Sitting beside the pizza oven we were a bit warm but once the food arrived we forgot all about that. As it was mid-evening and dark outside, the interior had been lit to make it feel quite cosy with clusters of wall lights and small chandeliers. However, it's also highly likely that the dim lighting also hid, not a multitude, but a small number of sins in that it made the place just a little too dark to see that it was slightly shabby here and there. I suppose some might say that this interior was naff, some might be more generous and say kitsch. There was a mock-tiled roof above the bar and when our waiter saw me looking at the knick-knacks around the place, he came over and whispered to me that there was a fox on the roof - which there was - not live (of course) or stuffed, but a small, scruffy toy fox. The walls were decorated with all kinds of clutter including cuckoo clocks, cow bells and some colourful landscapes in rustic frames.
The waiter who had asked us to move apologised for having been a bit brusque earlier when he came over with the menus. He was then very attentive and friendly for the rest of our visit. Although the place was very busy (surprisingly so, I thought, for a Sunday night) we didn't have to wait long for our food and we didn't have any trouble at all in getting anyone's attention to get more drinks.
As well as fondue, there are salads, pizzas and pasta dishes. The portion sizes for all these dishes looked very generous and the food looked tasty and nicely presented. However, we had come for fondue and we could not be distracted by the other choices on the menu. We chose chilli fondue and ordered it for two. We didn't bother with starters, knowing how filling fondue usually is.
A few minutes before the food arrived our waiter brought over the little burner and trivet and lit the flame. Then came the fondue itself, in a red-orange cast iron pot which is known as a 'caquelon'. The cheese mixture seemed more orange than I'm used to but whether that was because of the flakes of chilli in it, or the specific mixture of cheeses used, I can't be sure. A very generous basket of bite-size pieces of bread was served with the fondue; they use bread that's at least a day old so that it doesn't disintegrate in the pot.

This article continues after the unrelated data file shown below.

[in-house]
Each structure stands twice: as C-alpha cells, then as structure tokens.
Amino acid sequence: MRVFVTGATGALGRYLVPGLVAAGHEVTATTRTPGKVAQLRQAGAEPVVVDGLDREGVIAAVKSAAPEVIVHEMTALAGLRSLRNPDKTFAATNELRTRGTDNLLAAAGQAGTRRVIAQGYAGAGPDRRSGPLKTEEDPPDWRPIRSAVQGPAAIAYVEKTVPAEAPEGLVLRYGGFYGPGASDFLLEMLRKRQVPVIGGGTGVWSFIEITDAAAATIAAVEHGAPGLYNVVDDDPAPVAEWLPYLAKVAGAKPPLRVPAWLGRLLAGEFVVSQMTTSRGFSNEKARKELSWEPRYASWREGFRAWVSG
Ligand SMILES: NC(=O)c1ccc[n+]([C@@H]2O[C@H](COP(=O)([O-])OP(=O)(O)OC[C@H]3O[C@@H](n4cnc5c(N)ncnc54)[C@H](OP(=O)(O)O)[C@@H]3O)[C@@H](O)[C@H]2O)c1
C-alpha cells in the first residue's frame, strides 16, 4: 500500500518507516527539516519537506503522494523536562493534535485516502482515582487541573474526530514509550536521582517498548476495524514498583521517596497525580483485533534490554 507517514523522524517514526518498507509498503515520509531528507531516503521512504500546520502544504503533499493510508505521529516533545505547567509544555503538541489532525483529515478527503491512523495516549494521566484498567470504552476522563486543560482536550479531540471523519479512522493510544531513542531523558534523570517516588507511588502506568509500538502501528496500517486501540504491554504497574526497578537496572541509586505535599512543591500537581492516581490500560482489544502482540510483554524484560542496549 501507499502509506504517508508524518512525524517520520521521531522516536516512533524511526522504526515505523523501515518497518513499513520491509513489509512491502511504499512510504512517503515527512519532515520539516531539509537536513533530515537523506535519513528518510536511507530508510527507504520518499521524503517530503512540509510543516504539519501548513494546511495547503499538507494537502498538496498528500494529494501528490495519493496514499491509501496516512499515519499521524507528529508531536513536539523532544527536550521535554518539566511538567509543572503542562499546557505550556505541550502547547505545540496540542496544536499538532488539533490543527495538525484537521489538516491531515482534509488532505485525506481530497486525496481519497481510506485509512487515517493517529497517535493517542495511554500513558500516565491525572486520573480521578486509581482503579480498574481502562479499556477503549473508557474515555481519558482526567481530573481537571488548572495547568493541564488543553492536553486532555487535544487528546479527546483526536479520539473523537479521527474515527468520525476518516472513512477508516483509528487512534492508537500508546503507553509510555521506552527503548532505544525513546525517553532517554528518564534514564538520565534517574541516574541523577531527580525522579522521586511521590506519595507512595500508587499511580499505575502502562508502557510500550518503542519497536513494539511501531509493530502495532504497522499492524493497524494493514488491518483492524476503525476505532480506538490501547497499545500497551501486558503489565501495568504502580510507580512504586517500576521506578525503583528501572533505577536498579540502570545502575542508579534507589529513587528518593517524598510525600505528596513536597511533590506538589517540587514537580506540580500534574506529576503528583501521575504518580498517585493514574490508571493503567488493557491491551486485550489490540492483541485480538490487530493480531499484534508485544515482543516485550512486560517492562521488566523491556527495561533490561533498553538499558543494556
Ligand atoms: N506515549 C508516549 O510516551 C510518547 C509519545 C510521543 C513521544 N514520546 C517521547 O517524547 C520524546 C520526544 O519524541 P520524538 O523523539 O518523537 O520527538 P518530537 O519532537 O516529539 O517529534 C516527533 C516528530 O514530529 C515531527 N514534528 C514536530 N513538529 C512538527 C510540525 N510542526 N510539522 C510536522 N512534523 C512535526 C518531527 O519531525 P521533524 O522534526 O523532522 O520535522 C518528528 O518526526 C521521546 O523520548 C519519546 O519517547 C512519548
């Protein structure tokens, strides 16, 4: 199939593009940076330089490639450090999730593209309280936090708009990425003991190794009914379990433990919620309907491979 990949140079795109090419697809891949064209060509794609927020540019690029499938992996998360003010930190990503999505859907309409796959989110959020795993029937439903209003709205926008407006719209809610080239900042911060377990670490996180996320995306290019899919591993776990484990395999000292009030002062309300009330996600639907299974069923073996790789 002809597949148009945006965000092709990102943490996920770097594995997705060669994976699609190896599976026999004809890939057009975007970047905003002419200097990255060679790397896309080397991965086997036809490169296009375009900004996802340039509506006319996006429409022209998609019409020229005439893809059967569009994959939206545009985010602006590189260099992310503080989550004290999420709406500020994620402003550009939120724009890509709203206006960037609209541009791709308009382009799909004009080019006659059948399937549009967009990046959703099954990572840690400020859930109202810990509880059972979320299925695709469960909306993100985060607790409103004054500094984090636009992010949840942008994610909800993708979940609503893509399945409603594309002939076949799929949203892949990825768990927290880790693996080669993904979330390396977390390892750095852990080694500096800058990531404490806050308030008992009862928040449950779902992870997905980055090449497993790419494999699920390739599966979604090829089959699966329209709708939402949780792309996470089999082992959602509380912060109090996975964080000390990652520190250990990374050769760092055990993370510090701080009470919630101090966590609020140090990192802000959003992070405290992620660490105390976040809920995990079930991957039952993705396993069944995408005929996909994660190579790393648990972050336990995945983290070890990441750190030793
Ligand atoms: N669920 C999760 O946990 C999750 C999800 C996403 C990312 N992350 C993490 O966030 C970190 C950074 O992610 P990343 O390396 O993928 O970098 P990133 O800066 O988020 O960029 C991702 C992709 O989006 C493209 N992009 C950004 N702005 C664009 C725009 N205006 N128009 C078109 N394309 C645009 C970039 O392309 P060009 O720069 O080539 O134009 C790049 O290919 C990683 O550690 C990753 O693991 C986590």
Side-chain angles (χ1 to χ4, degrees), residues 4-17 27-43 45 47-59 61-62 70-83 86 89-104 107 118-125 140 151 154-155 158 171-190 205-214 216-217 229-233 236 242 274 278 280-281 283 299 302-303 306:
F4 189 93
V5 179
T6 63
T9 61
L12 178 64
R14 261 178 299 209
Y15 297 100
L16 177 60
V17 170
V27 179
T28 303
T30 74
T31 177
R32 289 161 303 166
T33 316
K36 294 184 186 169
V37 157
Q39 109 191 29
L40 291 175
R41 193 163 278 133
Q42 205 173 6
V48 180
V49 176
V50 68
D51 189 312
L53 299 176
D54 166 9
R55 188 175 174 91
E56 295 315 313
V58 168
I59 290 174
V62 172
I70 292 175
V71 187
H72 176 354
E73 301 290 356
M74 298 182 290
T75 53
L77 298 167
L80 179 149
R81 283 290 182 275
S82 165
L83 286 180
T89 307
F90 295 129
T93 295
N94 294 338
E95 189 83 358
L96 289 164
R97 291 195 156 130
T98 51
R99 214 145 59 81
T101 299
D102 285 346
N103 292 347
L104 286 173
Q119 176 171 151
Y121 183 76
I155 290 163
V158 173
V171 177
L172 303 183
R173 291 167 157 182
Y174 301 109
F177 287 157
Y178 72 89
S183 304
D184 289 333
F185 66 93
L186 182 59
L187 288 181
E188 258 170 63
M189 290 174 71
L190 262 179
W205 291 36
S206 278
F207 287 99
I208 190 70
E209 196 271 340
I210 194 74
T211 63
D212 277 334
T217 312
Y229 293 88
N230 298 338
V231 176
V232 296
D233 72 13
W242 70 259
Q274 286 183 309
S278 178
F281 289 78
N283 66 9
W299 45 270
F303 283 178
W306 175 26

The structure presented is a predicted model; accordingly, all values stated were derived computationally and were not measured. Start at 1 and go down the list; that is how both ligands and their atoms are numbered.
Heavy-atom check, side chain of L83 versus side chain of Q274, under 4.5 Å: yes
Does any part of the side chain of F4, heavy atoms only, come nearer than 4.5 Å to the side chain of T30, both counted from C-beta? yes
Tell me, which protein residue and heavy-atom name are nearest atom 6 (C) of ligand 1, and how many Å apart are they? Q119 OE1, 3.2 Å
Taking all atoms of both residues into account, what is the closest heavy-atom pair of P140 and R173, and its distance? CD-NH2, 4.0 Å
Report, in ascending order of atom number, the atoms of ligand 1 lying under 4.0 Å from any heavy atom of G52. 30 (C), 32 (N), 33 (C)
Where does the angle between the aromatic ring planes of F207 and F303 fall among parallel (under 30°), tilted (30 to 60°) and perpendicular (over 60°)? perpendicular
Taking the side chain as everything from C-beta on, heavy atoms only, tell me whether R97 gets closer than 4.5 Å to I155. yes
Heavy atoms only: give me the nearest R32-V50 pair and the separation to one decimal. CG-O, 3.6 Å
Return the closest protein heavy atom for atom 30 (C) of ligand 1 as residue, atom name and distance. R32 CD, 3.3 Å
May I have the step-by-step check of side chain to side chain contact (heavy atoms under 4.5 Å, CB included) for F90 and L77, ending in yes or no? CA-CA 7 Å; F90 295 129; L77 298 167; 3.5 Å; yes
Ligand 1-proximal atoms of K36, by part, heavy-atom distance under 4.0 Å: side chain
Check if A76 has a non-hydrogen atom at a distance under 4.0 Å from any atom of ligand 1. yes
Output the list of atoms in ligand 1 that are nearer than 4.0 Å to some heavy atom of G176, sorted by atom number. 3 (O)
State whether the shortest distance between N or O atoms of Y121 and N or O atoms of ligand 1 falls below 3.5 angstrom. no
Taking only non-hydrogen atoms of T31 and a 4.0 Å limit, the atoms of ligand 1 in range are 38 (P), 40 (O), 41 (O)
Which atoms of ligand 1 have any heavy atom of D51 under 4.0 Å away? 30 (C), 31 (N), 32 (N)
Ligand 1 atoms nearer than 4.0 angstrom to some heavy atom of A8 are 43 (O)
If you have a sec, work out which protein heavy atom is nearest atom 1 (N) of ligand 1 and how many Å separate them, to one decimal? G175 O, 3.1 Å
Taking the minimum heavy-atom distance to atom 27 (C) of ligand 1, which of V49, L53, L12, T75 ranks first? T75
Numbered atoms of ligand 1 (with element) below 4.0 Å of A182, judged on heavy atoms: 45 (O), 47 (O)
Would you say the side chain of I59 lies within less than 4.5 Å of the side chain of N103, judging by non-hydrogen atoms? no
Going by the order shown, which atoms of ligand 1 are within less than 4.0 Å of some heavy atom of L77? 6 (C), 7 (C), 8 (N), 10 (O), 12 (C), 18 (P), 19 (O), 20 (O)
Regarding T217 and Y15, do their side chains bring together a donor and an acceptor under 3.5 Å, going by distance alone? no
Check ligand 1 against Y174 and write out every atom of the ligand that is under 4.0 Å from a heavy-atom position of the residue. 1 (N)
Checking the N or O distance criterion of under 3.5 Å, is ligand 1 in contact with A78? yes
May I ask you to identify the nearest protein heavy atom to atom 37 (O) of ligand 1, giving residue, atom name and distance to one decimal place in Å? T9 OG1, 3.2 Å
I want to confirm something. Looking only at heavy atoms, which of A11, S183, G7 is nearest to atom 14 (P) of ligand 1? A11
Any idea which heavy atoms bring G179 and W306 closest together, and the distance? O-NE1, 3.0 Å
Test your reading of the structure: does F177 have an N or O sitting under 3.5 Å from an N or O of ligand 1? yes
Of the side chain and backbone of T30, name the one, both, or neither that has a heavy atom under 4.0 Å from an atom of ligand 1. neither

The fondue was much hotter than I'd expected with a fierce chilli bite that didn't fade for a while. If you don't like chilli heat, then this isn't the dish for you. The cheese mixture was really tasty and had just the right balance of strong and mild cheeses. Sometimes when you order fondue it may seem like there isn't going to be enough but here we had bread leftover and even left a tiny amount in the bottom of the pot.
Now, according to the Swiss you are meant to have a shot of kirsch or other fire water halfway through your fondue to prevent the cheese forming into a great solid lump in your stomach. We didn't do that but felt later like we probably should have! Instead we drank Swiss beer which came in at roughly the same price you'd pay in any average bar or restaurant in Geneva.
The fondue cost 27 CHF per person (approximately £16 in April 2010) which may seem a lot for cheese and bread but this is a good price for central Geneva and you could easily pay a lot more.
You'll probably only have one fondue (unless you are a real fondue fan) during your trip and this is a fun place to try it. A little kitsch but the food is good and the price OK for Geneva.